WESTFIELD – When Westfield State environmental science professor John McDonald joined the Wildlife Society his freshman year of college at a professor’s suggestion, he said he simply paid his dues and struggled to read the organization’s publications.
Now, McDonald’s involvement is a bit more extensive.
He was recently elected the future president of the Wildlife Society. Founded in 1937, the group has nearly 10,000 wildlife professionals as members.
“I was really surprised. Even though I’ve been involved in the organization for a long time and served as a representative to the governing council for six years and met a lot of people doing that, it’s still a very competitive thing. The other candidate was very well qualified and from the largest chapter,” McDonald said. “I kind of assumed I was just running for second place. It was a good surprise. It was hard to believe almost from being a freshman 30 years ago and not even understanding half the things in the publication to being president of the organization one day.”
The election process for the society decides the executive committee, and those elected rotate positions, eventually landing in the president’s chair.
McDonald was nominated by his peers and was chosen as one of two finalists nationally.
“It just kind of happened. People have to think you’re worth doing the job,” McDonald said. “The last few years I made an impression on people in our society. It’s not something people campaign for.”
Though McDonald did not necessarily campaign for the position, he said he is excited to have an opportunity to bring attention to the work the Wildlife Society does on a daily basis.
“It’d like to see us raise our public profile with the society at large. A lot of times people go into these fields because they don’t like to deal with people that much,” McDonald said with a laugh. “We’re a room full of introverts. That’s not always the case, but we don’t like to blow our own horn.”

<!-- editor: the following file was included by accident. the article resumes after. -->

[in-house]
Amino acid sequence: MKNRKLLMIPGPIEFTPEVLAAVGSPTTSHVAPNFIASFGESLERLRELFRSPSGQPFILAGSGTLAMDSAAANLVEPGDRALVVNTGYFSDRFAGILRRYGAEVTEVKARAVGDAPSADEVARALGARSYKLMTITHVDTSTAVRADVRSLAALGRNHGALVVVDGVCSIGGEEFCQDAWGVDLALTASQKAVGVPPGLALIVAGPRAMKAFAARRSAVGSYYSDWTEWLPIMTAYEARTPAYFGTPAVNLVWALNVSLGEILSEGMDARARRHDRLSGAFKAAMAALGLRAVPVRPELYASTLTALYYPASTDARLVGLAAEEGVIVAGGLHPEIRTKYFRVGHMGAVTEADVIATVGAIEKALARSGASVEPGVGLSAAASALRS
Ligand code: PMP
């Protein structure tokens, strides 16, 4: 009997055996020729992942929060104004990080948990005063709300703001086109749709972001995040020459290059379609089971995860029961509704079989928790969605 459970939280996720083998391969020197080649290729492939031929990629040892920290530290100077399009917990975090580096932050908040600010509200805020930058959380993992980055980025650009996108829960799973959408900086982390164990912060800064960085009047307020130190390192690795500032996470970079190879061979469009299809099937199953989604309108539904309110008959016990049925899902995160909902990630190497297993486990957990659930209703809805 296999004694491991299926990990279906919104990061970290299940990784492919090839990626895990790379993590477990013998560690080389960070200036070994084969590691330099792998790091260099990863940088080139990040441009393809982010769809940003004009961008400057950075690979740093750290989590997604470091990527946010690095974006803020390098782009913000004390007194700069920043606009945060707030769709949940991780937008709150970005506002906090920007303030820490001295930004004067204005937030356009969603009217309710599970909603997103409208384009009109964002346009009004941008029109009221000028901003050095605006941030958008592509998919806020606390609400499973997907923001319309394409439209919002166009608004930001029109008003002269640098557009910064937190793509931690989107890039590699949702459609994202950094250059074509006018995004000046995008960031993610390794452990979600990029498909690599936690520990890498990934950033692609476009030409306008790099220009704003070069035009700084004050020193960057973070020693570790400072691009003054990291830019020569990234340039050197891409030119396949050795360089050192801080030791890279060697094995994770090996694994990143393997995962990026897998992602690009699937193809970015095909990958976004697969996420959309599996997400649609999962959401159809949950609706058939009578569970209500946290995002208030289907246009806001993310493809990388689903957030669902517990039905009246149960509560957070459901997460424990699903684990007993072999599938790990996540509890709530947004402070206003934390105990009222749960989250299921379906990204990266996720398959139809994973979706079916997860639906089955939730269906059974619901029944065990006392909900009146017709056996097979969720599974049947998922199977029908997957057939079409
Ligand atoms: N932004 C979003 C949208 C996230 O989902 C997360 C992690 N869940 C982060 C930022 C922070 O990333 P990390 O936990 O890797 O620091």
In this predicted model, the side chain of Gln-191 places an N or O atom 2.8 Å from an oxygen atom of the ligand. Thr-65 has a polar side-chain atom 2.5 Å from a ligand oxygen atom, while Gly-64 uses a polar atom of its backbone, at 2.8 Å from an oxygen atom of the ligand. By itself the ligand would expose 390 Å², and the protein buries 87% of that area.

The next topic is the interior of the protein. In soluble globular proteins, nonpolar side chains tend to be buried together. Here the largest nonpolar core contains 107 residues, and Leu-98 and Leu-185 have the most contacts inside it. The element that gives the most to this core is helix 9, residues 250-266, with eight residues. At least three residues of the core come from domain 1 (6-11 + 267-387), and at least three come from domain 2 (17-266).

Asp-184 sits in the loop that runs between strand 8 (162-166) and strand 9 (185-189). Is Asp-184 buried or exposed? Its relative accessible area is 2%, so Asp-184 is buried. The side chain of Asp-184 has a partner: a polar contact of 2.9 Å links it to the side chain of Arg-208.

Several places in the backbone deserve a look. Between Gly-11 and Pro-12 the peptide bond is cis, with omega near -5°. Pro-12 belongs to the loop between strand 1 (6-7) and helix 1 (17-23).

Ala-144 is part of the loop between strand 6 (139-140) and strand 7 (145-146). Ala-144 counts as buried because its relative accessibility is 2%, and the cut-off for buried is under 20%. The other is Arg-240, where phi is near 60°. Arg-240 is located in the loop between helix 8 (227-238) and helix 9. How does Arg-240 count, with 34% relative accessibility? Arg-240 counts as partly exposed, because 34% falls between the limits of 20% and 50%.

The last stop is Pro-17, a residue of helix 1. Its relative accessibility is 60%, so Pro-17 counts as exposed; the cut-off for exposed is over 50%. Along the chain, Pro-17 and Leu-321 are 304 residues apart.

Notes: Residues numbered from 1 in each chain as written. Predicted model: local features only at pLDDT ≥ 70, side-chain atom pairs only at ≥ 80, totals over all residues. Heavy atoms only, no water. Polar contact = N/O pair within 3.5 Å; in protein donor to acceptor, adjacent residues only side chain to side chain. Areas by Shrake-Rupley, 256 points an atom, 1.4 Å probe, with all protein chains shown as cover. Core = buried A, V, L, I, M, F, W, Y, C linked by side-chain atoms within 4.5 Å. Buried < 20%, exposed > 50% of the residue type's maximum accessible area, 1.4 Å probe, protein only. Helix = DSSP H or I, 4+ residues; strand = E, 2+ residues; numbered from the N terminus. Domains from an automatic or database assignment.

Despite this, McDonald said the general public has an overall interest in the type of work the Wildlife Society does. The members, he said, range in what they work with, so there is something for everyone.
“Our folks do all kinds of interesting things. We have people who study blue whales to bumblebees to butterflies,” McDonald said. “People really care about that, whether it’s Cecil the lion or a squirrel causing a power outage, people care about wildlife.”
Serving as president is a chance for McDonald not only to help the society but also to help his students back at Westfield State. Joining a professional society helped McDonald network and build relationships in his field, and he said he has always tried to provide the same opportunity for his students.
“I like to expose our students to friends and colleagues doing the jobs that these kids want when they graduate. I try to bring in folks who work for state agencies to lead field trips and labs … They enjoy working with students. It’s really nice to have someone who thinks you something useful to say and to take a break from your routine,” he said. “It gives real world examples for the students to show them the value of networking, even though we’re in this Internet age, a lot of things are still done by word of mouth. The more people you know in the professional circle, the better off you are.”
For more information about the Wildlife Society, visit www.wildlife.org.